That was close!

What is the difference between a fairy tale and a firehouse tale?

Fairy tales generally begin with once upon a time, while firehouse tales begin with you wouldn’t believe what happened last shift and no, this really happened. This post begins with a firehouse tale.

A crew of firefighters advances a 1 1/2″ (45 mm) hoseline up a stairwell in a large wood frame house. The second floor is well involved, and the smoke level is down close to the floor. The young firefighter with the nozzle indicates that it is too hot to advance onto the fire floor. The officer moves up close to the nozzle and evaluates conditions, finding that the firefighter is correct. The officer calls the incident commander and asks for ventilation to raise the smoke level and relieve some of the heat that is preventing advancement onto the fire floor and an attack on the fire. Moments later, the officer is enveloped in fire and feels himself flying backward through the air. This ends when he slams into a hard surface. Everything is black, and he is unable to see. It is not hot, and eventually, he sees a glimmer of sunlight. Attempting to remove his breathing apparatus facepiece, he experiences discomfort in both shoulders, but is able to pull the facepiece off, discovering that the darkness was caused by blackening of the exterior of his facepiece lens. The building is still well involved, the hoseline extended through the front door, but the crew of firefighters that was with the officer are nowhere to be seen. The officer pulls his facepiece back on and crawls back in along the hoseline, finding the firefighters frantically trying to make the fire floor, thinking that their officer had been blown down the hallway instead of up and over their heads, balling down the stairwell behind them and rolling out into the street. The officer withdraws his crew as other crews extend hoselines to the second floor, and extinguish the fire.

In this incident, the officer with the hoseline was unaware that significant indicators of a potential backdraft in an enclosed section of the second floor were visible from the rear of the structure (where the incident commander and the crew performing horizontal ventilation were located). The effects of the backdraft were serous but could have been much worse. The officer received minor burns, injured both shoulders, and severely damaged his facepiece and turnout coat. What made this incident worse was that it occurred during live fire training with a group of recruit firefighters.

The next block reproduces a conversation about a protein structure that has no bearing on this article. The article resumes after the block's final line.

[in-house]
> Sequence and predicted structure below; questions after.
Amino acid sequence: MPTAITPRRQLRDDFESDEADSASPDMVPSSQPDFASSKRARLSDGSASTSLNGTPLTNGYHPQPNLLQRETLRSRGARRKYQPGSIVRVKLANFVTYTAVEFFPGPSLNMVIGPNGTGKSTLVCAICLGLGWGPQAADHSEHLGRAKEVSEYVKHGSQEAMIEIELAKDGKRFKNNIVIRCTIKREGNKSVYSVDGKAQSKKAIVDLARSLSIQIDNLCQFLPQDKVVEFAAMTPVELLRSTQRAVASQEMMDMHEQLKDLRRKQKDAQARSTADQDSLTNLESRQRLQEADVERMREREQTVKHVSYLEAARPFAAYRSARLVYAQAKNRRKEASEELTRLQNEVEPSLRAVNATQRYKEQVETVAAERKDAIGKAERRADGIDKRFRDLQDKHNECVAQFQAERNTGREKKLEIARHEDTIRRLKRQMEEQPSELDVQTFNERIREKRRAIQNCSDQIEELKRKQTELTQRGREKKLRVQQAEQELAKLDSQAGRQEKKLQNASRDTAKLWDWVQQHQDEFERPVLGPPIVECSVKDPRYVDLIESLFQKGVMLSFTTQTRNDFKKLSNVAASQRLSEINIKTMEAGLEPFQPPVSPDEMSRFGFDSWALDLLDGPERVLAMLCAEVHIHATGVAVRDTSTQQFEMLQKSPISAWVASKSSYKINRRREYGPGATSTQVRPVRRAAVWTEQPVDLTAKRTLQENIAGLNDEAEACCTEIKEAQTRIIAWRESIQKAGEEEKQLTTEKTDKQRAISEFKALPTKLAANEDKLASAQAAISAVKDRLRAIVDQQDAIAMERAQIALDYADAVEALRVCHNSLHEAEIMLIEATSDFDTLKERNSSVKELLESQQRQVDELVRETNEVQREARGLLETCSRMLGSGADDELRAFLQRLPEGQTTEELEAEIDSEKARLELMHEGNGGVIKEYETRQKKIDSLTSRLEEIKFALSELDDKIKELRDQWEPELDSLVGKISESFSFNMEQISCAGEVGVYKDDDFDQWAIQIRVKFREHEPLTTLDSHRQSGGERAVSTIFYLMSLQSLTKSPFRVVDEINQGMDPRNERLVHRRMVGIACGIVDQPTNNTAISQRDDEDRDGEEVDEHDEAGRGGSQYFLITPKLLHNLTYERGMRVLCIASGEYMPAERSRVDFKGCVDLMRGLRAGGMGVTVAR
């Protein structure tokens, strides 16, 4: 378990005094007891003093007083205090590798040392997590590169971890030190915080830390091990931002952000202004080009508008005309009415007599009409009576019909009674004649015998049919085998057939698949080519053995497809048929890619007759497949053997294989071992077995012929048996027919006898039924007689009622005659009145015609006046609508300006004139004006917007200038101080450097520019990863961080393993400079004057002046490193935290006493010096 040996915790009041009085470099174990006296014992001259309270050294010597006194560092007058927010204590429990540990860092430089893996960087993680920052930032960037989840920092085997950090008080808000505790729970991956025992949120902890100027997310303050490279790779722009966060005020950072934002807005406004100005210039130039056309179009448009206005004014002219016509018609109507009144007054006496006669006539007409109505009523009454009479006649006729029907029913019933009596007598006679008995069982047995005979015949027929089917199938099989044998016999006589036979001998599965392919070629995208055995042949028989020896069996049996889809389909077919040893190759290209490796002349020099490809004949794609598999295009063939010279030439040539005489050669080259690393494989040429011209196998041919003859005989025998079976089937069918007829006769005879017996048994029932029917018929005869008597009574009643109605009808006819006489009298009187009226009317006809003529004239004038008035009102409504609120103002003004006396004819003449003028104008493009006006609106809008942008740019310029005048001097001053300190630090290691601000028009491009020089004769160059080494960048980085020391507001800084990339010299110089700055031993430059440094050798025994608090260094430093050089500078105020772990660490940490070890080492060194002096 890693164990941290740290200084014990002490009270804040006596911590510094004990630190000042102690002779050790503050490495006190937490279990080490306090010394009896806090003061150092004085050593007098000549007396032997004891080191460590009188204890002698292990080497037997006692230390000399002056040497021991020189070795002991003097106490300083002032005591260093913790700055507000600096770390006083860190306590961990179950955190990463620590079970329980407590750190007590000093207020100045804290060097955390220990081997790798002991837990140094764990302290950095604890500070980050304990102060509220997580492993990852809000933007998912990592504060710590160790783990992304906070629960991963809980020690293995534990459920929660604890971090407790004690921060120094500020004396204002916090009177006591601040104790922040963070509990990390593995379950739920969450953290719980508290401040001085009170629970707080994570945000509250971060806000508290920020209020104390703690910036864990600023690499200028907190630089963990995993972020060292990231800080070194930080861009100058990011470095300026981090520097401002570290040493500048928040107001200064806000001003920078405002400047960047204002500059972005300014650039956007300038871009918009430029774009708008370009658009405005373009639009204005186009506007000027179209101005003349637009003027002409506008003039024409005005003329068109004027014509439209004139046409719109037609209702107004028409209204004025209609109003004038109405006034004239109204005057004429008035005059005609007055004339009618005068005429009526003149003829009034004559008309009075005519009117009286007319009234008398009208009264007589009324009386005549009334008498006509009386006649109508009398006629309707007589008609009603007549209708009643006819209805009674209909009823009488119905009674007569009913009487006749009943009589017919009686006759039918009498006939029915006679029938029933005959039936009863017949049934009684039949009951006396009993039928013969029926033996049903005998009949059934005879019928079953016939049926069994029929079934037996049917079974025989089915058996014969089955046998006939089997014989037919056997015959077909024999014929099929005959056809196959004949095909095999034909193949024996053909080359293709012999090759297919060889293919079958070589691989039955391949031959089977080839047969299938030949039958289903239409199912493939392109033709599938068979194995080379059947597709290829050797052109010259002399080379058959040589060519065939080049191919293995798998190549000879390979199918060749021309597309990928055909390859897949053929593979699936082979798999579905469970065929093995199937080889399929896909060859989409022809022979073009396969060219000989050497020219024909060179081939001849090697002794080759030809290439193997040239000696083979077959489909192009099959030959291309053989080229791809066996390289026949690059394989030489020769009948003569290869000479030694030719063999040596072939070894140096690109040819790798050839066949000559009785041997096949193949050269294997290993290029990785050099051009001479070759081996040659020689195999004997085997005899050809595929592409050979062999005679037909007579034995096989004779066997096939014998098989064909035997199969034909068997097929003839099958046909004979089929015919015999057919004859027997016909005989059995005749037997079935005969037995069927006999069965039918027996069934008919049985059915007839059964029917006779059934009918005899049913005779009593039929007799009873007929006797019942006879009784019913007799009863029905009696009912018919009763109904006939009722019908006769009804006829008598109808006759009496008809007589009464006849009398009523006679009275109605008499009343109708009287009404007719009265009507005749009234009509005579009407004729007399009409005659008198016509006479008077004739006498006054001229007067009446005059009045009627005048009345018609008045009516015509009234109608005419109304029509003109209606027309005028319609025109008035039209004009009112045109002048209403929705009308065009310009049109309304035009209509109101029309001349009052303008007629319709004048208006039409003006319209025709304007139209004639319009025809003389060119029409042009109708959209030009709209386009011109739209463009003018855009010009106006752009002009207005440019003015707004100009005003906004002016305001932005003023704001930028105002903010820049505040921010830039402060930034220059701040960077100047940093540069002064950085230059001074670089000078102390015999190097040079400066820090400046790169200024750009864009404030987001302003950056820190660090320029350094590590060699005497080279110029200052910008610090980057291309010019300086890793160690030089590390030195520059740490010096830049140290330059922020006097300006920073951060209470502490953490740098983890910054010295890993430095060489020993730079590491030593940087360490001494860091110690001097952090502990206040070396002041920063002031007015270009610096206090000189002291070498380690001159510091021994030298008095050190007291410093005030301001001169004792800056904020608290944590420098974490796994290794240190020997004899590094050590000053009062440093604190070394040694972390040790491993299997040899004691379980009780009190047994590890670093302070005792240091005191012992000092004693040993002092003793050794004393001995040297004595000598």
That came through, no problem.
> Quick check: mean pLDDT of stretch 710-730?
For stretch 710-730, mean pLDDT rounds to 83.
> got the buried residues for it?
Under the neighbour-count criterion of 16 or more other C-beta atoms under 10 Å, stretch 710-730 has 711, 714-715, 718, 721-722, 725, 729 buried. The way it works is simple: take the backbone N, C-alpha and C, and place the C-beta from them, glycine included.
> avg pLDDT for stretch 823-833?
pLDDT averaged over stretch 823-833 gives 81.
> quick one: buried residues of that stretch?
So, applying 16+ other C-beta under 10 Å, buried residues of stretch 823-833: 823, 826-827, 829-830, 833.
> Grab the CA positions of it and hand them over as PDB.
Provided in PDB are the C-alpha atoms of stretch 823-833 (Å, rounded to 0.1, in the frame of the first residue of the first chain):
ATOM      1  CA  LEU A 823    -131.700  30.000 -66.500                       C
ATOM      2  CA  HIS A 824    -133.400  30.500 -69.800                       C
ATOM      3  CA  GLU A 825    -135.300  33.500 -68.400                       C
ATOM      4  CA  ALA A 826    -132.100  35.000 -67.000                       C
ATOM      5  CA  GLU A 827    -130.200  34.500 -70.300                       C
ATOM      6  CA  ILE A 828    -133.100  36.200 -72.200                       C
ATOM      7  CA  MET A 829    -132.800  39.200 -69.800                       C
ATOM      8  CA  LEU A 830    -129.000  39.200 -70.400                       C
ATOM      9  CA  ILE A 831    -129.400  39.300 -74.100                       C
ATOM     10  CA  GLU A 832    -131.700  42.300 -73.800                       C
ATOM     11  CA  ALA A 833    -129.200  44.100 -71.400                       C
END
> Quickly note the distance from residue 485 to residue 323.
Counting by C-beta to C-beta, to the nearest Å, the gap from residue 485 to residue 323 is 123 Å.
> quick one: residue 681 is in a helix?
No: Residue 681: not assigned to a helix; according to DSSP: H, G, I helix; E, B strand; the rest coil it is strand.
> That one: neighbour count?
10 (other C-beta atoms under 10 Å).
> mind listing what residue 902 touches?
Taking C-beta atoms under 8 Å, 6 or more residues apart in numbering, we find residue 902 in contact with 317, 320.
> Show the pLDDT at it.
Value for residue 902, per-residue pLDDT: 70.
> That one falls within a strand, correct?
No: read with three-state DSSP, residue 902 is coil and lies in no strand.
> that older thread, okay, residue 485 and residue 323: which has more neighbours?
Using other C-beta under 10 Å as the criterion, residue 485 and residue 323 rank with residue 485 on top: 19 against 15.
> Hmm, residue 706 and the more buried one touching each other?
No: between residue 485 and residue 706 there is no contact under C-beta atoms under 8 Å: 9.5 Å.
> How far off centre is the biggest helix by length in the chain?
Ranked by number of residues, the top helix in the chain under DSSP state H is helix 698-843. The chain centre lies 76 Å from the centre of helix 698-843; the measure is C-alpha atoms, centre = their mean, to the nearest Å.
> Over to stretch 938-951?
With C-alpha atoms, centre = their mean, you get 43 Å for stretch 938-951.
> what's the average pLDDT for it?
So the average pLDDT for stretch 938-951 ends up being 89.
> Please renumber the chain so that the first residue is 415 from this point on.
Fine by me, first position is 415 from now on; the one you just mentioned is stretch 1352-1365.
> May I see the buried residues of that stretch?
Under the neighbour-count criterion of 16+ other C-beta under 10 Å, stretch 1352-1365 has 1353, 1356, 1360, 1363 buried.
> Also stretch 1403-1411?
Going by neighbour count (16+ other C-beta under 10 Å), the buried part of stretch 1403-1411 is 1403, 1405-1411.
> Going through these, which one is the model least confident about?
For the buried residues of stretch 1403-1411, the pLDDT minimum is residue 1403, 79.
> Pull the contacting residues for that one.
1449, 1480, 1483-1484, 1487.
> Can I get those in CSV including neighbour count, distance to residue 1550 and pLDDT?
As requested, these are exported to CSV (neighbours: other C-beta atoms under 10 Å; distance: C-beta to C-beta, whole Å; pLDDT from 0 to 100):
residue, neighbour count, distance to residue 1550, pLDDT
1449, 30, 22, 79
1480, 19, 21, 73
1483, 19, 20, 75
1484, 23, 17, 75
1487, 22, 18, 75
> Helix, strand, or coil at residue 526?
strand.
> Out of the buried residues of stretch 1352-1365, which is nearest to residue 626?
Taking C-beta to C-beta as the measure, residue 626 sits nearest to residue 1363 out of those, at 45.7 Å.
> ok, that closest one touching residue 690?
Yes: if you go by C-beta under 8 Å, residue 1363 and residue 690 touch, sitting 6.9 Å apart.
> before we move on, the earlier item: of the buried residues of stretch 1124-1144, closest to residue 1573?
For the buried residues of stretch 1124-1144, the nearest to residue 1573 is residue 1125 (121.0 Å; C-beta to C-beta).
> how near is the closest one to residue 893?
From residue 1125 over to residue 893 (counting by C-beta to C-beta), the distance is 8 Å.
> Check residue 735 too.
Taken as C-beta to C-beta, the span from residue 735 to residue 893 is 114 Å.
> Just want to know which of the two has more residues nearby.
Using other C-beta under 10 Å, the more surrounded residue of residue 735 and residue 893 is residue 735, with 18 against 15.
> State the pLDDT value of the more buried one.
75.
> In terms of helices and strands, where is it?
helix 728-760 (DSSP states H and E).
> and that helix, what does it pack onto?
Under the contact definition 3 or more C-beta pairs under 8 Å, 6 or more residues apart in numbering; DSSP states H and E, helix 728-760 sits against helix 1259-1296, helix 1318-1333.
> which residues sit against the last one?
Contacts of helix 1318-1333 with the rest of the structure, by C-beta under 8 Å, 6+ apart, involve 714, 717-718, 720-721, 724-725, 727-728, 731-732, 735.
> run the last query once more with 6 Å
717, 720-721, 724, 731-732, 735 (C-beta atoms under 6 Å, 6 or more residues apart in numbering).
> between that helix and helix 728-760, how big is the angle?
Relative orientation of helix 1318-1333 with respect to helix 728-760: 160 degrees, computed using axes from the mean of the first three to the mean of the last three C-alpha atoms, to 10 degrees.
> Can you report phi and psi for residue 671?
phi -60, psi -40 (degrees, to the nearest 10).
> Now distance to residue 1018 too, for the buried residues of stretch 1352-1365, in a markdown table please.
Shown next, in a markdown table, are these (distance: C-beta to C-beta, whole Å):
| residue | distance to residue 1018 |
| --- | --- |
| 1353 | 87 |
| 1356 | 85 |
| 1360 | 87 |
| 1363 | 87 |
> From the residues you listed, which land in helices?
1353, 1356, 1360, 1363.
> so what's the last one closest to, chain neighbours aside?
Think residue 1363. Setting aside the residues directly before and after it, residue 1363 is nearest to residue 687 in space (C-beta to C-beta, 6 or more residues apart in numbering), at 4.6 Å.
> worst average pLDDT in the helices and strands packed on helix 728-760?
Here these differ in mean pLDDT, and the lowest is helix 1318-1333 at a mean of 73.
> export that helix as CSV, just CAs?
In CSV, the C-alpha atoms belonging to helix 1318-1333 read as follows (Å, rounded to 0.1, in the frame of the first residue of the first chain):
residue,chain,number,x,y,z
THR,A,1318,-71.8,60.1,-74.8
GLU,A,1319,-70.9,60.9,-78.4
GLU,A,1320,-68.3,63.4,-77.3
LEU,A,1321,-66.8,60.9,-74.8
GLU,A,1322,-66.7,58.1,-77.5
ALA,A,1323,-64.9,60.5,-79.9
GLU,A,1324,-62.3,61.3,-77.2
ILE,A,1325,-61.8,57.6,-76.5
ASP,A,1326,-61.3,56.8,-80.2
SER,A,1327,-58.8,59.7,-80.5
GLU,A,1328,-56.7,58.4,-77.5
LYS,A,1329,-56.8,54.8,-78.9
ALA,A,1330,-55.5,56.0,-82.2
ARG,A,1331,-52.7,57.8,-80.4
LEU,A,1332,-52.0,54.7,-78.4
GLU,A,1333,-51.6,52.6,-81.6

I know that this firehouse tale really did happen as I was the officer in the story. This incident occurred in the late 1970s while I was working for the Massachusetts Firefighting Academy as a part-time instructor. Unfortunately, while academy staff investigated this incident, the outcome of this investigation did not impact substantively on training practices, and at the time, the academy staff did not widely communicate lessons learned.

How many of you have had a close encounter with extreme fire behavior? One where you said that was close or you suffered a minor injury? What did you learn and how did you share this information?

Often, as in this backdraft incident, those involved learn a valuable lesson, but do not share the information beyond the firefighters and officers they work with. Many things have changed since the 1970s. One is the existence of National Fire Protection Association 1403 Standard on Live Fire Training Evolutions. While not perfect (but that is another topic for discussion), it identifies systems of work that increase the safety of participants engaged in live fire training. Another, more recent change was the development of the National Firefighter Near Miss Reporting System. This system leverages the advantage of the World Wide Web to provide the ability to report near miss incidents and widely share our lessons learned. If you have been involved in or witnessed a near miss incident or have been told of the event, you can anonymously submit a report and share what you have learned.

The data submitted to the Near Miss Reporting System does not go into a vacuum. Following review, and removal of information which would identify the agency involved, reports are posted in a searchable database on the website.

This program is a tremendous resource! Visit the site and search on flashover (38 reports), backdraft (9 reports), rapid fire progress (4 reports), or smoke explosion (33 reports). Remember, this database contains self-reported information. This does not make it less useful. In many ways it is more useful than distilled and analyzed information presented in other types of reports (particularly when the individual was involved in or witnessed the event). However, there may be technical inaccuracies (particularly with regards to extreme fire behavior phenomena) and the lessons learned by the individual who submitted the report may or may not be what you want to take away. Read the reports, think about the factors that influenced the occurrence of the event, how it could have been prevented, trapped or mitigated, and draw your own conclusions.

If you are involved in, witness, or are told about a near miss event, report it. The more information in the database, the greater the potential to identify patterns of causal factors and develop strategies for improving firefighter safety.

Ed Hartin, MS, EFO, MIFireE, CFO

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